[Damp, Caped Kid; Honk! Parade, October, 2016]
I’m holding a place for transformation. I’m holding a space for Love.
And, apparently, when it comes to the vulnerable, the preyed upon, I’m holding my breath.
This morning, much to my surprise, I realized I’d been holding on to unacknowledged fears—and horror—around the grisly murder of a young woman. (Trigger warning.)
How I came to realize these unnamed, unrecognized feelings isn’t important. This is:
Most men I know, even the most peaceful, loving and compassionate, would find my stirred-up feelings puzzling. They’d point out how rarely something as horrible as Vanessa Marcotte’s murder ever happens—while acknowledging that, yes, other women, alone and vulnerable, are accosted, too. Murdered.(They’re nice guys, remember? Decent.) But then they’d remind me how the media feeds on fear; how I was manipulated by the mainstream press with yet another story of a young and pretty white victim— what about murdered young women of color, transgender women? They’d remind me that the opposite of Love is Fear. Why was I giving in to my fears?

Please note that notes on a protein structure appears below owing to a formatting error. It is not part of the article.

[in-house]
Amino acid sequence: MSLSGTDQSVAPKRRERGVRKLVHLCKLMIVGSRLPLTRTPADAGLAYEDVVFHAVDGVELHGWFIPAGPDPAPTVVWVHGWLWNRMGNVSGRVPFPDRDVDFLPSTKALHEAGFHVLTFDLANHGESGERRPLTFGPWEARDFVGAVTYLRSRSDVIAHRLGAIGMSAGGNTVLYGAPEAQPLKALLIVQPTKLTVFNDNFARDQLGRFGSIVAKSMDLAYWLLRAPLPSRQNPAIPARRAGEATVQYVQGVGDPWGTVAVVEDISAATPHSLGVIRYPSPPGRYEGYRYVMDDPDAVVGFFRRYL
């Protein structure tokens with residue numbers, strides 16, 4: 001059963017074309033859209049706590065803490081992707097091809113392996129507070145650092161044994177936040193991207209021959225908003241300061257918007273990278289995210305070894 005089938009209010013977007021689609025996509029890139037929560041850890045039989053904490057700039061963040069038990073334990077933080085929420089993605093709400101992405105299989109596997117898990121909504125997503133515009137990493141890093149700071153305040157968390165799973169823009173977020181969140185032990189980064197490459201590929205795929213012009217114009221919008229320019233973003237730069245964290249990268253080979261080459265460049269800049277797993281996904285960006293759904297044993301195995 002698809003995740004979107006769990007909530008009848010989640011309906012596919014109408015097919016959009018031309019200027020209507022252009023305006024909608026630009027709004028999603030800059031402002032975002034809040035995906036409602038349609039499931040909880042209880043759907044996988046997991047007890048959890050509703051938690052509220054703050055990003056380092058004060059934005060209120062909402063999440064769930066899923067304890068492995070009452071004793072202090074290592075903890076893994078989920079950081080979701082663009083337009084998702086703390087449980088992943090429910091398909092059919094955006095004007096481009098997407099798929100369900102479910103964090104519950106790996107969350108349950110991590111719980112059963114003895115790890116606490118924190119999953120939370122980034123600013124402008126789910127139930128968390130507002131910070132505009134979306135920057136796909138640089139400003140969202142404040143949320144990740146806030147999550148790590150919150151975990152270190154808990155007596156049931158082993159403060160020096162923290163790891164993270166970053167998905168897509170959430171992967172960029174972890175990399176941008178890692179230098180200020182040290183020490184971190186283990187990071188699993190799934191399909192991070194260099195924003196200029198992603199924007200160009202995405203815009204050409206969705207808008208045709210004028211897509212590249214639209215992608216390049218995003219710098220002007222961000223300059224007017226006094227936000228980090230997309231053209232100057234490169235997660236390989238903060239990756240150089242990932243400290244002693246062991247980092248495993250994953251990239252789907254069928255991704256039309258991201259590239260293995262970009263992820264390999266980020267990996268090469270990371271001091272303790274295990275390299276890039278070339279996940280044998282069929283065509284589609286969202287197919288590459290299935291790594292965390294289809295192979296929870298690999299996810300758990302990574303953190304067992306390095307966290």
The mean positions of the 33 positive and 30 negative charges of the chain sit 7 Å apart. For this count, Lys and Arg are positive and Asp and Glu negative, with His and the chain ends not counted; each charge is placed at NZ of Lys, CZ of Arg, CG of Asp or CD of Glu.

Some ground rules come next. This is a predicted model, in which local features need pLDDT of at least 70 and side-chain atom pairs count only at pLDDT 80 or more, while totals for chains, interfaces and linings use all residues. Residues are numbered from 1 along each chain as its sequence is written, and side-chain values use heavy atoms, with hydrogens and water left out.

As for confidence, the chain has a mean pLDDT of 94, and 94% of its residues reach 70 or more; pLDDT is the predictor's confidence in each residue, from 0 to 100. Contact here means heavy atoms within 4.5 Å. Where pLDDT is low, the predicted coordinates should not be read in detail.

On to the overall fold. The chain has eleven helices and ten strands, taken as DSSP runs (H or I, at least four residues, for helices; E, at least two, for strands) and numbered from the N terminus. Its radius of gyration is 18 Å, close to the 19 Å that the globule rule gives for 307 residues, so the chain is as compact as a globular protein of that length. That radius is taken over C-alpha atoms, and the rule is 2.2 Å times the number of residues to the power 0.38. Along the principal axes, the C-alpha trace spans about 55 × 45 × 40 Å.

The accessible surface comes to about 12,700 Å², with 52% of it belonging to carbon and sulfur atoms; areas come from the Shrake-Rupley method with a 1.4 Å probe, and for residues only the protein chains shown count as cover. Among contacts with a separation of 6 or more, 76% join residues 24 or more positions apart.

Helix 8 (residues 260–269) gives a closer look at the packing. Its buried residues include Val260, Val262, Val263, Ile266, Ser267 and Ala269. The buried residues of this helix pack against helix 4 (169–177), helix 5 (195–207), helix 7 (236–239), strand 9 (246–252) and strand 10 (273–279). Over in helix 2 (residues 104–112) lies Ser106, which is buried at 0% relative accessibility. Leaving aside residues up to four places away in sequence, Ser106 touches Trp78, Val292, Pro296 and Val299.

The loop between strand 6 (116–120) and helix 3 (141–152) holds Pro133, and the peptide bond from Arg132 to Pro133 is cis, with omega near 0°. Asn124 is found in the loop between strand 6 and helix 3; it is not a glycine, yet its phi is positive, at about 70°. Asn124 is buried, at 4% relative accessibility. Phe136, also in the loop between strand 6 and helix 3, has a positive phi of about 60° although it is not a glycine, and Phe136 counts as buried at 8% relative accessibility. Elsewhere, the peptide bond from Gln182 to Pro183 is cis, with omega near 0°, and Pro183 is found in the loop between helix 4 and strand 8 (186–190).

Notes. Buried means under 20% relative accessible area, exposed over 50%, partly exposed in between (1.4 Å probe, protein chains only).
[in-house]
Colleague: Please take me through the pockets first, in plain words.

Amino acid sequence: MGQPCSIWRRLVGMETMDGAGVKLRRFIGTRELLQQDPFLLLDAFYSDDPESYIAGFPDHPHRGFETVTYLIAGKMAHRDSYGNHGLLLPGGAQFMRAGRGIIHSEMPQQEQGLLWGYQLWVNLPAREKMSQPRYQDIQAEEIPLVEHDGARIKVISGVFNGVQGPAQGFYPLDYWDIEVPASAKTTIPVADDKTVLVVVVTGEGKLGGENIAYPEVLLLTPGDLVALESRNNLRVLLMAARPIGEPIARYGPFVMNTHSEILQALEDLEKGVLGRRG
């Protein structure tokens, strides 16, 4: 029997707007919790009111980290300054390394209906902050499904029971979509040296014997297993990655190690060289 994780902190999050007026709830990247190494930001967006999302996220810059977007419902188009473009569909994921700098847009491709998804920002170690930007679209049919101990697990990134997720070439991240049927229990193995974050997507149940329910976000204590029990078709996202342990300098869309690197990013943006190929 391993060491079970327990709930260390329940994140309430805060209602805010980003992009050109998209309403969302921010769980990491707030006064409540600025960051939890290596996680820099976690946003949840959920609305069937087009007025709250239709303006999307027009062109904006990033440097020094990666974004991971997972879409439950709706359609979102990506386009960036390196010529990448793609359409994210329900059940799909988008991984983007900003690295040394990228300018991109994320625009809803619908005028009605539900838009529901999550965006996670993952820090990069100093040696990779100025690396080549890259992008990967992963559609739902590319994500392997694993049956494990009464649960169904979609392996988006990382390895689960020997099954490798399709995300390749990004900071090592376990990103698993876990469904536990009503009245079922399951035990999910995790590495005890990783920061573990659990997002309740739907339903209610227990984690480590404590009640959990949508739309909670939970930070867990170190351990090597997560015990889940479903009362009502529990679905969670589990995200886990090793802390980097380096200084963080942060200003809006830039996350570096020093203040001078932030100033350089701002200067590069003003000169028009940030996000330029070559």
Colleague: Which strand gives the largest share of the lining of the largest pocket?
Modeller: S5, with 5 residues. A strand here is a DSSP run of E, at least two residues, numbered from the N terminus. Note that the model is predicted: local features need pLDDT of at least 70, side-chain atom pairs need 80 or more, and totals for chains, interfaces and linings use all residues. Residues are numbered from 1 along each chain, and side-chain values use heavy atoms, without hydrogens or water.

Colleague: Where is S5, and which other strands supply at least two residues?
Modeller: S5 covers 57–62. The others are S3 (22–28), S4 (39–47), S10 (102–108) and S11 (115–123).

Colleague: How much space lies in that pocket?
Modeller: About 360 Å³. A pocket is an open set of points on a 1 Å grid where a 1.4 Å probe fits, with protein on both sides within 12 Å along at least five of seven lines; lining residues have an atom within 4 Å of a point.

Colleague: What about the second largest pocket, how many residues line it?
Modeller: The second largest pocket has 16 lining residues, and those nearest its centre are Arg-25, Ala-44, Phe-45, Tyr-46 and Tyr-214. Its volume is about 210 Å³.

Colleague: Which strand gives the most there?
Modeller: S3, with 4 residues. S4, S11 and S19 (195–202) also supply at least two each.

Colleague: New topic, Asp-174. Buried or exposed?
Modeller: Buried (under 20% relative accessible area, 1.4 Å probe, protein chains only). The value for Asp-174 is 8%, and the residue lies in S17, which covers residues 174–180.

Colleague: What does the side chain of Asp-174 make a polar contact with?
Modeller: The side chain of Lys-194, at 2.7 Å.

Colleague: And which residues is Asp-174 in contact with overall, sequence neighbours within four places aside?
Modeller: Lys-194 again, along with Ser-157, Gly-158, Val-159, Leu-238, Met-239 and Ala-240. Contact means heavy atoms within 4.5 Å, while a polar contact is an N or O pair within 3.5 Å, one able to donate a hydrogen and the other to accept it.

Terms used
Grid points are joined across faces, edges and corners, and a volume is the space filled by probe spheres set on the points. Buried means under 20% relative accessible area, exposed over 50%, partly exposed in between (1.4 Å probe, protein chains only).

All that is true. But, after acknowledging their right-thinking, here’s what I’d tell them: “Dear ones, here’s what I need for you to understand. I believe that I relate to this horrible story differently from you. I believe I understand vulnerability and being preyed upon differently from you. I am claiming my authority. As a woman.”